The ToT curriculum includes all aspects of preparing, running and evaluating a season-long FFS. One observation made by the Evaluation, however, is that the ToT curriculum appears rather technically biased, with limited focus on socio-cultural issues and facilitation skills. In terms of the latter, it was argued by the trainers that the participants all have received facilitation and communication training during their formal agricultural college or university education. Even though the Master Trainers themselves apply participatory facilitation skills as much as possible during the ToT, there is doubt whether that training really caters sufficiently for the specific participatory facilitation skills needed by the trainees in FFS. This is especially important as being a ’facilitator’ instead of a ’trainer/teacher’ is the most difficult skill for people educated in a traditional top-down schooling system.

The Evaluation observed that the programme for the ToT training only allocated half an afternoon (approx. 1.5 hour) to monitoring, backstopping and coaching of Farmer Trainers, which is considered very little compared to the importance of these aspects in the current and future tasks of the Departmental Trainers in the FFS implementation.

4.3 Effectiveness

Achievement of intended outcomes and outputs

Outcome indicators

The Immediate Objective of the AEC related to FFS interventions is: Improved, demand driven, integrated, and decentralised extension systems developed to support poor, marginal and small farmer households. The following targets have been established for AEC FFS interventions:

  • income increase of target groups: 15%;
     
  • percentage of households with food deficit in four deficit months of the year: 10%; and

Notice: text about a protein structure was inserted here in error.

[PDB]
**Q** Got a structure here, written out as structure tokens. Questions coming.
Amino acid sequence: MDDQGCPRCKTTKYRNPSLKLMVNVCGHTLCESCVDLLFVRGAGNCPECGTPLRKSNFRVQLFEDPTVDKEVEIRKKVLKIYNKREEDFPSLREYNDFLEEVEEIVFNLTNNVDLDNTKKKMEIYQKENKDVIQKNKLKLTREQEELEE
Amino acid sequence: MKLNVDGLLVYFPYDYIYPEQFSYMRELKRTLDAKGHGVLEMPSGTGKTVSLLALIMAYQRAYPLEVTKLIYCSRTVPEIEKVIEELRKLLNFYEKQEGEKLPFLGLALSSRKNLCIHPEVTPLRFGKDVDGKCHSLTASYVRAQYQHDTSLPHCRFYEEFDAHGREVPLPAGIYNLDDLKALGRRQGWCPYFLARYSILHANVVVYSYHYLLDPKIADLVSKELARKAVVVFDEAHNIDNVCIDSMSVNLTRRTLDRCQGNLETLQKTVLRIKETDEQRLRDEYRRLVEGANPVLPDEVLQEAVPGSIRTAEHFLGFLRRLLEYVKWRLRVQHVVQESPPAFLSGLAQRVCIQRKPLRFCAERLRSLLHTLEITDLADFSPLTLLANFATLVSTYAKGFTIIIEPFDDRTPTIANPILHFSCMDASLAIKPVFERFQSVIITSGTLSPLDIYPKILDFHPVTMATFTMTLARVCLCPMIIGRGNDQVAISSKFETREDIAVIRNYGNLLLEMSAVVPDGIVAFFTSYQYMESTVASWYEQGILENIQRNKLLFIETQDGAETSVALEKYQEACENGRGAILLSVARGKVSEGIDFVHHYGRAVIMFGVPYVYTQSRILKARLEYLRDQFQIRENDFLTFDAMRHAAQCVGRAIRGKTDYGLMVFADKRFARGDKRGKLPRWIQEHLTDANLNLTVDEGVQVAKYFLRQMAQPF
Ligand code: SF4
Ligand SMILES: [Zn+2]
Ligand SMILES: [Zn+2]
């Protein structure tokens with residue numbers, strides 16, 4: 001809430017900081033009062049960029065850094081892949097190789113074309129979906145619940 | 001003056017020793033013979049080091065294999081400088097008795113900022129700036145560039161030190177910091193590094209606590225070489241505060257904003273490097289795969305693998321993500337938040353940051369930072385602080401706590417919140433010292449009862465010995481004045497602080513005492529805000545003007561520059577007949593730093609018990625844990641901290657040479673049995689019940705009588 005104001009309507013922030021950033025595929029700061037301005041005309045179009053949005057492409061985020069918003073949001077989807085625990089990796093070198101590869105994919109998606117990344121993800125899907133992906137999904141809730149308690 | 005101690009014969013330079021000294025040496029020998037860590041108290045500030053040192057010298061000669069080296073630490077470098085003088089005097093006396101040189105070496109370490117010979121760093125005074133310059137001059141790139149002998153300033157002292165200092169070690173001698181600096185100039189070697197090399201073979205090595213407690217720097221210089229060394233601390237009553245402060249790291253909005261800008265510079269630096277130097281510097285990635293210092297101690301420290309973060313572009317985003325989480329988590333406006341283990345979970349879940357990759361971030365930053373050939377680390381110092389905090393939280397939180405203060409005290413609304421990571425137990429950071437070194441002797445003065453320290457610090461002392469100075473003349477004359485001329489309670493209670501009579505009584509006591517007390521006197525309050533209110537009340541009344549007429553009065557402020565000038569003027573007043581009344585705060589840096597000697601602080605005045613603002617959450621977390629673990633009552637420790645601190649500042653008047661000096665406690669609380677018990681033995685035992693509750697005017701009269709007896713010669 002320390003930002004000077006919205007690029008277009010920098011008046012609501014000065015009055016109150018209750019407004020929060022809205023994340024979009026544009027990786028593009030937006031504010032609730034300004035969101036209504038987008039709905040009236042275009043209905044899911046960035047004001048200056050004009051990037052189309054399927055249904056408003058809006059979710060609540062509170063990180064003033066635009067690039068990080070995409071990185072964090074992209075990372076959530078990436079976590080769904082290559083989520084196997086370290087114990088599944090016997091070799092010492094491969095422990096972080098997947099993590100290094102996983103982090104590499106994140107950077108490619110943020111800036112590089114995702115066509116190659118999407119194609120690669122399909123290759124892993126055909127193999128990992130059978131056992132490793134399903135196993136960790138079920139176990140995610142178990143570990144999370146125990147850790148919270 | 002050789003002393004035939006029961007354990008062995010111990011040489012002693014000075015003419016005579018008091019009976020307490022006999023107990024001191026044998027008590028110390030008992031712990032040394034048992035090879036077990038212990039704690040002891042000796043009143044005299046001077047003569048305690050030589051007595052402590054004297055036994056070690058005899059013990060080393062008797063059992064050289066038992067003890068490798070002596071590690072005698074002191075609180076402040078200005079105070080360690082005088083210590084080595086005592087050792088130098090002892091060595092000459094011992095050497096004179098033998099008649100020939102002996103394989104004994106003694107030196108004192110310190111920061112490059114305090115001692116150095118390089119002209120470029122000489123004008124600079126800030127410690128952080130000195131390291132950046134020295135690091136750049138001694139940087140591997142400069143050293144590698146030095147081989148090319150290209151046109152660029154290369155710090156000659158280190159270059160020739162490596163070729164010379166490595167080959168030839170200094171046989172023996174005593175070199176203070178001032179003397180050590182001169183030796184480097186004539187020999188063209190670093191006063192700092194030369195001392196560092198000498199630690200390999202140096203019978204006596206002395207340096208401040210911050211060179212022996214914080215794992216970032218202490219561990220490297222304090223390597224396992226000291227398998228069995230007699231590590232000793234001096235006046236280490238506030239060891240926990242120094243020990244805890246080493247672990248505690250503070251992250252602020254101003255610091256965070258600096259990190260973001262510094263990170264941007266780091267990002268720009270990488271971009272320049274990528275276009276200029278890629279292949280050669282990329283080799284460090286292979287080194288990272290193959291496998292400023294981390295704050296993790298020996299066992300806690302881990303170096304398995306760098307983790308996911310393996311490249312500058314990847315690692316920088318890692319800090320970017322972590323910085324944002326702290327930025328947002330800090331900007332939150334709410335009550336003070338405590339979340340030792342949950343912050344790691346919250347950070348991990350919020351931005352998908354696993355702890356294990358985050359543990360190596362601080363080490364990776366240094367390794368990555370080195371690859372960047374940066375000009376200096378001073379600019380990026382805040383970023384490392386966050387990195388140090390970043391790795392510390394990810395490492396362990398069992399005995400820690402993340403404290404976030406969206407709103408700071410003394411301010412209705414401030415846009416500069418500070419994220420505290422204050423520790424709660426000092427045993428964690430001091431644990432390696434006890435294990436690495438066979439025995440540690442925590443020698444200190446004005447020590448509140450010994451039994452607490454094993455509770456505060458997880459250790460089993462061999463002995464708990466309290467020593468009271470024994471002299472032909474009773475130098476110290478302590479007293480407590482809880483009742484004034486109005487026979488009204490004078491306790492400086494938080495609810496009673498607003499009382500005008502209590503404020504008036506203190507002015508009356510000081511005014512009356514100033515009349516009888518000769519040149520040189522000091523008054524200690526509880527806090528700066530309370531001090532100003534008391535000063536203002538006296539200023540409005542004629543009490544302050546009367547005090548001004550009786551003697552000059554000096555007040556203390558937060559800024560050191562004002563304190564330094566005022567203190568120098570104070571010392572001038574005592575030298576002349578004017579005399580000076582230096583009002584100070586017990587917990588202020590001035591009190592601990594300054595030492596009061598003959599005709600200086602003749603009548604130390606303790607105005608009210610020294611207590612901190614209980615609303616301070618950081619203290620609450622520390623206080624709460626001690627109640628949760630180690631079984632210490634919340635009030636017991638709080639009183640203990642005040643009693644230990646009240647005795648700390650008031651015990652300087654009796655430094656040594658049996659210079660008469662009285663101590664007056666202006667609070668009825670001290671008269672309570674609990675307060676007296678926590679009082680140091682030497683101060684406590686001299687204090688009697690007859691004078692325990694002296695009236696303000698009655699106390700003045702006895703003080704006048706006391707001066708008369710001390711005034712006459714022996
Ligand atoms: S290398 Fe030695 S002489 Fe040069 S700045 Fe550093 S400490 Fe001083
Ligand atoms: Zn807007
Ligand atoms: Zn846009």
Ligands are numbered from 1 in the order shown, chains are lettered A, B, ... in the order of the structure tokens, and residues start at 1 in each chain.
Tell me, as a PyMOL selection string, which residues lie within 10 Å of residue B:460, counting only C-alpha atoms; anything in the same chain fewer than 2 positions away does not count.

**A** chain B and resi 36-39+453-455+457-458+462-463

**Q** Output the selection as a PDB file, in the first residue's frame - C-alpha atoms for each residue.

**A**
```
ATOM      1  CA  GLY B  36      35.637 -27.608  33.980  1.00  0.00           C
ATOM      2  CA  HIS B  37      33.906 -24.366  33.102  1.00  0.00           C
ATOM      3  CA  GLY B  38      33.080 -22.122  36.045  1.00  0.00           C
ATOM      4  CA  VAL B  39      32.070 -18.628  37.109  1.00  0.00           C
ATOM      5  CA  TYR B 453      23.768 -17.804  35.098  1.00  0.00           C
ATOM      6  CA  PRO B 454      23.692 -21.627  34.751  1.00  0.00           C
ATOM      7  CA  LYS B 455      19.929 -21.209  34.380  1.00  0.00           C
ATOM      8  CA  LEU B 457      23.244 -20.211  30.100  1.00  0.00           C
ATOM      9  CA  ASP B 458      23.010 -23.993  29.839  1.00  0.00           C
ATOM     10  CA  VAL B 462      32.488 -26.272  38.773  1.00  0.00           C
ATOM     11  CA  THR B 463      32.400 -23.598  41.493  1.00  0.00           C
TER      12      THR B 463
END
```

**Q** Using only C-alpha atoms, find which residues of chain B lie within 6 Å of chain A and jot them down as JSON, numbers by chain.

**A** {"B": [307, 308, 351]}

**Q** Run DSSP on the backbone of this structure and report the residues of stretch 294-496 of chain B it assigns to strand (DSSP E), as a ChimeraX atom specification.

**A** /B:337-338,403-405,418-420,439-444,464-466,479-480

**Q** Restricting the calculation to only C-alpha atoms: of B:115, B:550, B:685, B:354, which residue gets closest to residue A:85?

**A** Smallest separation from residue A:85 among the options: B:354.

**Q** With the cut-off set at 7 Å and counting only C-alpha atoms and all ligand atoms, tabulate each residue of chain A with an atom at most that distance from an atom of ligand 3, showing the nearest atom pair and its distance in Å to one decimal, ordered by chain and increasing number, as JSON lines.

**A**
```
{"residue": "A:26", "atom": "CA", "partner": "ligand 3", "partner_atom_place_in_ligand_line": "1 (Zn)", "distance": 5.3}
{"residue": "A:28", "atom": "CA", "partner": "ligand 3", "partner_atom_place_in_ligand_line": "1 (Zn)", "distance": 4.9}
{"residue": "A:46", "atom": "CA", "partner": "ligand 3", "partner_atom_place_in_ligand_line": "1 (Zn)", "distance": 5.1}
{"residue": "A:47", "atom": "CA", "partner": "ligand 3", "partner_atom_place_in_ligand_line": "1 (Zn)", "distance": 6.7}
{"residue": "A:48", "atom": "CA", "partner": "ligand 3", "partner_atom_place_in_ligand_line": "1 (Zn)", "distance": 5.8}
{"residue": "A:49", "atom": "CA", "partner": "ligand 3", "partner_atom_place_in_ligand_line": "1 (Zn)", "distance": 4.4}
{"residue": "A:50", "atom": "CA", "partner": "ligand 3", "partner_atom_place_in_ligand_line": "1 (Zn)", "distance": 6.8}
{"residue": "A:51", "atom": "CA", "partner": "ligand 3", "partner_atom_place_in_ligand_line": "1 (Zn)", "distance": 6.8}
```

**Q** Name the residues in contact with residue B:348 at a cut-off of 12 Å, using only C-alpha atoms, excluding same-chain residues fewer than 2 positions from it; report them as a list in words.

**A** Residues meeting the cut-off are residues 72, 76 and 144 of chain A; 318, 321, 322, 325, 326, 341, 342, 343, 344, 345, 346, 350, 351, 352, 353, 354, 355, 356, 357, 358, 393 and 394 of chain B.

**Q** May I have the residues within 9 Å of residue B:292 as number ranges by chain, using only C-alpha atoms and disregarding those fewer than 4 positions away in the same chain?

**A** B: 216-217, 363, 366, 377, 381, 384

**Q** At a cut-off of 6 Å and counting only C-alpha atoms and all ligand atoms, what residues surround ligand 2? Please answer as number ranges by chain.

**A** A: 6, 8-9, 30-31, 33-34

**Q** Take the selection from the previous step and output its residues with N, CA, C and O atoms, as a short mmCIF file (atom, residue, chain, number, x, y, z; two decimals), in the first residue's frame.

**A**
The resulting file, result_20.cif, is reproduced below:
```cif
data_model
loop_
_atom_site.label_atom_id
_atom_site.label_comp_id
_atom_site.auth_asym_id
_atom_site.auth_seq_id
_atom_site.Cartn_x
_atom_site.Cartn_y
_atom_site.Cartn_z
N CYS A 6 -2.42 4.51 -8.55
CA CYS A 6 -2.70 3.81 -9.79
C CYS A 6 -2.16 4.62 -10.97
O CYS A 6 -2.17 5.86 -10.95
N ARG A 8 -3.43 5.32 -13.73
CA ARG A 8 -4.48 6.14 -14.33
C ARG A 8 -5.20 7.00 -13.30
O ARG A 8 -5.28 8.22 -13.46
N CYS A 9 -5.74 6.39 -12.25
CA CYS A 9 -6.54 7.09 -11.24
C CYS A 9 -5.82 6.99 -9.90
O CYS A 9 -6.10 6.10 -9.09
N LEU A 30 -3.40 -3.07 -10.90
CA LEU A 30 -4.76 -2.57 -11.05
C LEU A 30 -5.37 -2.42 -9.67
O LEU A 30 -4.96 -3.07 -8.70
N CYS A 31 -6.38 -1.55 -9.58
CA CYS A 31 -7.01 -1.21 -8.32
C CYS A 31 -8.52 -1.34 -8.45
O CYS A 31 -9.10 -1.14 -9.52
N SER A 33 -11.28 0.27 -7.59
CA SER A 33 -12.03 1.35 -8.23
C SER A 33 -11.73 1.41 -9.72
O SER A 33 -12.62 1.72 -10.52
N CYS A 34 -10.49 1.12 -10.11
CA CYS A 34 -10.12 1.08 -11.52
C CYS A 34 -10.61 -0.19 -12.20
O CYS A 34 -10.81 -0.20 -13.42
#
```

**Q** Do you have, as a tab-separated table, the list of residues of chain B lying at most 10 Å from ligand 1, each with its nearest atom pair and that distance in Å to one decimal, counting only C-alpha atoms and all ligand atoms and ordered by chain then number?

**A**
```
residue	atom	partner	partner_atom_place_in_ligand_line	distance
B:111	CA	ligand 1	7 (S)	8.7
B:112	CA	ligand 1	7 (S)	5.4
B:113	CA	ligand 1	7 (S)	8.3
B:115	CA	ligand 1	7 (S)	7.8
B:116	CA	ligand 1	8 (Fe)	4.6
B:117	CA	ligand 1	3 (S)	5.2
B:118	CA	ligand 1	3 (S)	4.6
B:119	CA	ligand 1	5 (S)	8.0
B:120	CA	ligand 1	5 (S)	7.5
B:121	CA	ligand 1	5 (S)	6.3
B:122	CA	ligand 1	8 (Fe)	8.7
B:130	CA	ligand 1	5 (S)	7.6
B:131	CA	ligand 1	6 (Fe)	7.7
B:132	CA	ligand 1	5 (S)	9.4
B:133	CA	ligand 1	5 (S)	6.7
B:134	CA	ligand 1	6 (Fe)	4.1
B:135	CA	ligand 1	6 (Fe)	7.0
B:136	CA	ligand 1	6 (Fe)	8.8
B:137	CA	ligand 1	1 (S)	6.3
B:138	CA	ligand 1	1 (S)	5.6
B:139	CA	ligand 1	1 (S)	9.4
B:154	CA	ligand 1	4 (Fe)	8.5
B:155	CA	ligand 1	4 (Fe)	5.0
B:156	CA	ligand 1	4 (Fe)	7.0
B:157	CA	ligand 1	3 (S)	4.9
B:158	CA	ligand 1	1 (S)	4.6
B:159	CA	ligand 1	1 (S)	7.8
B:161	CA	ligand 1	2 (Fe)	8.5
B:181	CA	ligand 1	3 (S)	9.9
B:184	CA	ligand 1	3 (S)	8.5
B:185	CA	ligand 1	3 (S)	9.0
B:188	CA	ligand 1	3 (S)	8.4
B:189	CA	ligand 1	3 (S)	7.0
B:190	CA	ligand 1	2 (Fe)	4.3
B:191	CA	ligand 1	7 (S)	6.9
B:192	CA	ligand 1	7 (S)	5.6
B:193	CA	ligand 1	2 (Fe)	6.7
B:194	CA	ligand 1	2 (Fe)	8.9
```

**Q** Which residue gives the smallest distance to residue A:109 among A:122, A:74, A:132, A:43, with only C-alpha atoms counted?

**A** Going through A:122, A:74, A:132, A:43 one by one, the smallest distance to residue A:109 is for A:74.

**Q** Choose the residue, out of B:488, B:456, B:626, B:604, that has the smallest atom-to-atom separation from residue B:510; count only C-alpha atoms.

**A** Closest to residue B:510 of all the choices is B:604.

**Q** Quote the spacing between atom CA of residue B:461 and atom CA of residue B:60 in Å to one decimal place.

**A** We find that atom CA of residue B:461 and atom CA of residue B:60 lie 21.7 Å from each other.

• increase in crop yields in target households: 10%.

Based on the indicative results from the AEC Mid-Term Evaluation data (see below), the Evaluation finds good indications that the established targets for AEC FFS interventions at the outcome level will be met.

As an indicative result, the AEC Baseline Study[25] indicated that the average monthly income of farm households was BDT 7,102 compared to BDT 12,017 for FFS households in the AEC Midterm Evaluation. This gives an income increase of 69% (current prices)[26] as compared to the established target of 15%.

The AEC Farmer Survey, carried out in 2009, included a question on whether the farmers’ income had increased, decreased or stayed at the same level as it was before FFS. According to the survey, 95% felt that their income had increased after joining the FFS[27]. In terms of yield, the Farmer Survey indicated that 87% of the trained farmers had increased their crop (rice) yield (no indication of the size of this increase). It must be noted that other factors than FFS have stimulated rice production development during this period, such as increases in rice prices and harvested land (see Annex 1).

In terms of food insecurity, while the AEC Baseline Survey indicated that 10% of the households had food insecurity in four deficit months (mid-September to mid-November and mid-March to mid-April), the comparable figure was 5% in the AEC Mid-Term Evaluation for FFS households. In terms of food supply at household level, the AEC Baseline Survey indicated that 37% of the households were secured of food supply from their own farm or from income they earned through economic activities compared to a proportion of 91% in the AEC Mid-Term Evaluation. This means that around half of the surveyed FFS households had improved their food security.

With regard to production, rice production was estimated to 22.5 kg/decimal in the AEC Baseline Survey compared to a figure of 24 kg/decimal in the AEC Mid-Term Evaluation, or an indicative 7% increase. From the AEC Farmer Survey it was found that production of rice had increased among FFS farmers, mainly due to the use of higher yielding varieties and more appropriate application of fertilizers and pest management. The FFS farmers also applied the new techniques to other crops, notably vegetables. It was also found that these cultivation practices were replicated by other farmers in the area to a large extent.

Output indicators

Table 4.1 provides an overview of the number of FFSs and farmers reached through AEC (targets and achievements).

Table 4.1 Number of FFS and farmers reached through AEC (by December 2010)
Indicators Programme targets
(AEC)*
Planned by end of
December 2010
Achieved by end of
December 2010
Total number of FFS established/completed 10,484 9,121 8,837